Colloquium on June 25, 2012

Hari C. Manoharan

Department of Physics, Stanford University

Molecular Graphene

The observation of massless Dirac fermions in monolayer graphene has propelled a new area of science and technology seeking to harness charge carriers that behave relativistically within solid-state materials.  Using low-temperature scanning tunneling microscopy and spectroscopy, we show the emergence of Dirac fermions in a fully tunable condensed-matter system—molecular graphene—assembled via atomic manipulation of a conventional two-dimensional electron system.  Into these electrons we embed, map, and tune the symmetries underlying the two-dimensional Dirac equation.  With altered symmetry and texturing, these Dirac particles can be given a tunable mass, or even dressed with fictitious electric or magnetic fields (so-called gauge fields) such that the carriers believe they are in real fields and condense into the corresponding ground state.  This talk will describe how molecular graphene seeds a versatile path, via tailored nanostructures, to synthesize unique devices and exotic topological phases in quantum materials [1].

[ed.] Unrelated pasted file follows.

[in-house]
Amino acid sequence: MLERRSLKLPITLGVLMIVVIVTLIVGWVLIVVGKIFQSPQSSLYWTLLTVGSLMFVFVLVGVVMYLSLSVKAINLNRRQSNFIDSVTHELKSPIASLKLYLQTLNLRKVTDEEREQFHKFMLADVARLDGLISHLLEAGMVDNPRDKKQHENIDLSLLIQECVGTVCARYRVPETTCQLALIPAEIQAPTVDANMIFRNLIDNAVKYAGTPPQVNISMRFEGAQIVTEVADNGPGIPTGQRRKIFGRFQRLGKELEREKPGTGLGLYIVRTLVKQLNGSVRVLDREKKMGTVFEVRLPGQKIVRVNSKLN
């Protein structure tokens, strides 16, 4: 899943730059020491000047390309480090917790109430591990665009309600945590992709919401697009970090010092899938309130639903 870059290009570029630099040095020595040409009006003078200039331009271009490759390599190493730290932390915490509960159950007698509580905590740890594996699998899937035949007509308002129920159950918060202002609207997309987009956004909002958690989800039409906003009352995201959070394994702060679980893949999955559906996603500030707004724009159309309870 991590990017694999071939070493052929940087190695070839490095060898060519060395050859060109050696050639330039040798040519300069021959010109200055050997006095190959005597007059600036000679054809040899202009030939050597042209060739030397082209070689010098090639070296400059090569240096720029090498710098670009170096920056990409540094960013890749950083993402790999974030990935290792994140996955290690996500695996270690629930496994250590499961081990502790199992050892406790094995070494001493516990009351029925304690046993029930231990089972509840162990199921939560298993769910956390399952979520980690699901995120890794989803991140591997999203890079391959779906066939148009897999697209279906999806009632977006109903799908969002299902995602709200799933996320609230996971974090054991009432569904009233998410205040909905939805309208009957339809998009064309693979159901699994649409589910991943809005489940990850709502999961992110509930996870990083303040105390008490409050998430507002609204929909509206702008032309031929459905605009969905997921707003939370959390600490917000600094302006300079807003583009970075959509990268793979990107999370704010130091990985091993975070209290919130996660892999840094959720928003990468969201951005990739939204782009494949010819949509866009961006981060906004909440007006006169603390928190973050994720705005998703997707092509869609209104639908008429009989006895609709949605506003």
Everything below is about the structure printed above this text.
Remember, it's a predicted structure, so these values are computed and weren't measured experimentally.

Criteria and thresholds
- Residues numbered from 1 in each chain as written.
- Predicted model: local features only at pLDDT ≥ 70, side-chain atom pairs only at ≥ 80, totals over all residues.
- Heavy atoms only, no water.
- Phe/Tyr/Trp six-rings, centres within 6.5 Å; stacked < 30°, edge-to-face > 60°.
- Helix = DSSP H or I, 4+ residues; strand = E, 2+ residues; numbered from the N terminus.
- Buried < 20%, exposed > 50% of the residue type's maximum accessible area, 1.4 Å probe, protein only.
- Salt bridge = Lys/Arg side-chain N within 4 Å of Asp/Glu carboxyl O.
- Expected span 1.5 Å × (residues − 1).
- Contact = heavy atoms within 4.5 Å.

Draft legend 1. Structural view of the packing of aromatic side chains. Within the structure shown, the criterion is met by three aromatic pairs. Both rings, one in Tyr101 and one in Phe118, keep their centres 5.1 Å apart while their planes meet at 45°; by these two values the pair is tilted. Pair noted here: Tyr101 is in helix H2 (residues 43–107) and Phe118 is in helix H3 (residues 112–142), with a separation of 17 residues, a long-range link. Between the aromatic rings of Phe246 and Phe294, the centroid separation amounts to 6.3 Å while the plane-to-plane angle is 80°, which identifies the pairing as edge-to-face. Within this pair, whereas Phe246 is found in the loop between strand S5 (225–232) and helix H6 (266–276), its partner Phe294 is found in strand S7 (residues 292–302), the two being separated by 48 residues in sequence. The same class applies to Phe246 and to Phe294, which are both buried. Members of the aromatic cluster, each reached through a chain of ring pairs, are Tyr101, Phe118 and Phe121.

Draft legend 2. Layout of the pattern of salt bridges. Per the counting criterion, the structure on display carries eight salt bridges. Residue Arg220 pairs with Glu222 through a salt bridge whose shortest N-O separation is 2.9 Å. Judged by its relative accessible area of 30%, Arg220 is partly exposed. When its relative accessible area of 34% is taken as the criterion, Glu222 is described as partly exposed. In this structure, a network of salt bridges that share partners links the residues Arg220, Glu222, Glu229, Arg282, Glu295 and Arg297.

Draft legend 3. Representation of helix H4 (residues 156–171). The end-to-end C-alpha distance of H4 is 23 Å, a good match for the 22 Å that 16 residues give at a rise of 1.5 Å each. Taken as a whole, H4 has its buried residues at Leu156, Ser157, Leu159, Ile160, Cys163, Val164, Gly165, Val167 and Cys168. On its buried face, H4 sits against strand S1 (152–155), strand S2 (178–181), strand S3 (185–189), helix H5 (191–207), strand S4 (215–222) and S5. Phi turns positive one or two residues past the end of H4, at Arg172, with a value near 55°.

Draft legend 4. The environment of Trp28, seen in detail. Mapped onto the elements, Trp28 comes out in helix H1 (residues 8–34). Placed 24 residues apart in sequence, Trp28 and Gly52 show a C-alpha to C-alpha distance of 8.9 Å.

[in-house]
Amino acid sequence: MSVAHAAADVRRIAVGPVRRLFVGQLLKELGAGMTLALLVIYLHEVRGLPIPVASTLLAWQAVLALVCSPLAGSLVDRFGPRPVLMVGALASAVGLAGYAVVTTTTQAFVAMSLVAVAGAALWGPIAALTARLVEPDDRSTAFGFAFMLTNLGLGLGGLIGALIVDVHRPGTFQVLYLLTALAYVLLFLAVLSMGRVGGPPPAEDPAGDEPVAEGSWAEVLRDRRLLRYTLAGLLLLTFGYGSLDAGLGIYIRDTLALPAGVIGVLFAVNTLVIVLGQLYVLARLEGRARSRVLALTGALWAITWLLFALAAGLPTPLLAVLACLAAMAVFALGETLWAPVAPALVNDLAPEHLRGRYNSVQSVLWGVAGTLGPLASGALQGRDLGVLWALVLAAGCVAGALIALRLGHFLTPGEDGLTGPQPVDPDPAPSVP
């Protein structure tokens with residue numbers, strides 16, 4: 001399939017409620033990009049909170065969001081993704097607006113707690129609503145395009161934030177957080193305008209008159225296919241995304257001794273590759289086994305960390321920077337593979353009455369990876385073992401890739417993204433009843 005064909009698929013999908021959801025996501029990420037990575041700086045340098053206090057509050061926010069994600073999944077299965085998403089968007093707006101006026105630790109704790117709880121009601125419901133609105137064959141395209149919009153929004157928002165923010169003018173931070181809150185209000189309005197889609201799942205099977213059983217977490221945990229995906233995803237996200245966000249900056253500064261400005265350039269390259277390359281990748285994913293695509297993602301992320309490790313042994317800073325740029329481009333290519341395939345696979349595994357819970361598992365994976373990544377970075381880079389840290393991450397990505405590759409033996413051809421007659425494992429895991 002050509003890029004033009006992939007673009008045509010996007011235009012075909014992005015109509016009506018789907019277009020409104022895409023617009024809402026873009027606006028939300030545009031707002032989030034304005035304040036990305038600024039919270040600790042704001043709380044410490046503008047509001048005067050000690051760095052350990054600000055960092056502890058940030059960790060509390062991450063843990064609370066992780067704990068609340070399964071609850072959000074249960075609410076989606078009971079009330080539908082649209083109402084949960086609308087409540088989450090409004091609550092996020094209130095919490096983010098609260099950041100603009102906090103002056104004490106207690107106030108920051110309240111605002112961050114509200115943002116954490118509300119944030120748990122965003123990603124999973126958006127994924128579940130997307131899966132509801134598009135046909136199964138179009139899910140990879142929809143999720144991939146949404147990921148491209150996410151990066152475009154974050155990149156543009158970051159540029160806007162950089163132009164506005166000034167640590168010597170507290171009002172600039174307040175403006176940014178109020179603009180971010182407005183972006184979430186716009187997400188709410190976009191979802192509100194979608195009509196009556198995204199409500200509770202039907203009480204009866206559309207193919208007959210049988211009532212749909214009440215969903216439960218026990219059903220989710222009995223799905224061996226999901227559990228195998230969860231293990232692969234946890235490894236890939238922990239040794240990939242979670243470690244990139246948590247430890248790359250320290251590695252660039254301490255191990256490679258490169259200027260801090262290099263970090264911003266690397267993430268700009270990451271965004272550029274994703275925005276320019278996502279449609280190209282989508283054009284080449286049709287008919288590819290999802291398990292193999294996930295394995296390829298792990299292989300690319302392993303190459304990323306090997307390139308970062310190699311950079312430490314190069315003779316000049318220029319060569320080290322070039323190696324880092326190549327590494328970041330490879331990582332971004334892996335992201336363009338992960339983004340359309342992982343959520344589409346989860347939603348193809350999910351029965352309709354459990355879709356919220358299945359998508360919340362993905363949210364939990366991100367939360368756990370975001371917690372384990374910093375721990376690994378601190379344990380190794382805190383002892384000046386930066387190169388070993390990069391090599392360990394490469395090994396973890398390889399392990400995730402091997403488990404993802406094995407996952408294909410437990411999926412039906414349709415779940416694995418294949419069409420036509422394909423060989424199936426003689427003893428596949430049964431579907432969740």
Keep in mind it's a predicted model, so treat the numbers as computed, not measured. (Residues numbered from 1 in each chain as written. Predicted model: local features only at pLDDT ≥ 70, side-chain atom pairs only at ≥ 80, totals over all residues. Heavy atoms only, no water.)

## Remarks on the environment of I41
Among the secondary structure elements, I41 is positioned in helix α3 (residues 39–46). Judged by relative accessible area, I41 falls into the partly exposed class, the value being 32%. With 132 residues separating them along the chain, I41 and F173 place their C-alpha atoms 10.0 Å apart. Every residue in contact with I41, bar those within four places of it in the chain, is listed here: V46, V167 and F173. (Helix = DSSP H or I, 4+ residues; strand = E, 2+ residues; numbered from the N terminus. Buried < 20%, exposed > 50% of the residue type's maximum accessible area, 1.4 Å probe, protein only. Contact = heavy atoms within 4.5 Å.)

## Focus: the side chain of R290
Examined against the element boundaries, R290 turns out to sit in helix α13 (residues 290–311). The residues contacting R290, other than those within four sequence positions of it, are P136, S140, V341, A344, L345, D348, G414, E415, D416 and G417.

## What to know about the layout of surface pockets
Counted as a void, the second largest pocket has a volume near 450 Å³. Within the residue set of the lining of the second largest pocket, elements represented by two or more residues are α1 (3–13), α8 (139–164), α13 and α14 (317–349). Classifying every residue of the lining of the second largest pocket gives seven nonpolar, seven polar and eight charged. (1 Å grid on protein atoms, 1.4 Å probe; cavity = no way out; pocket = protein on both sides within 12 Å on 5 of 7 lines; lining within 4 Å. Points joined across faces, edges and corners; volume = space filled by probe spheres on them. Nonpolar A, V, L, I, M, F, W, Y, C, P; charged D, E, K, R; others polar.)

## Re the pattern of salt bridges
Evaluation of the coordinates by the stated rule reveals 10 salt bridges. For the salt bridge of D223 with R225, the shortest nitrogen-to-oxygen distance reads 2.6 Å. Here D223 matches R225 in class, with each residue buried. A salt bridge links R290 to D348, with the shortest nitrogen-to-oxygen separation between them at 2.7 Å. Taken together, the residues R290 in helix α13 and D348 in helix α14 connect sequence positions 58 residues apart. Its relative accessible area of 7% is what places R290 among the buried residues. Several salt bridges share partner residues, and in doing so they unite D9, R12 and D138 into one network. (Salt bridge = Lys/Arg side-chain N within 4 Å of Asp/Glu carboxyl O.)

[1] K. K. Gomes, W. Mar, W. Ko, F. Guinea, and H. C. Manoharan, “Designer Dirac Fermions and Topological Phases in Molecular Graphene,” Nature, 483, 306–310 (2012).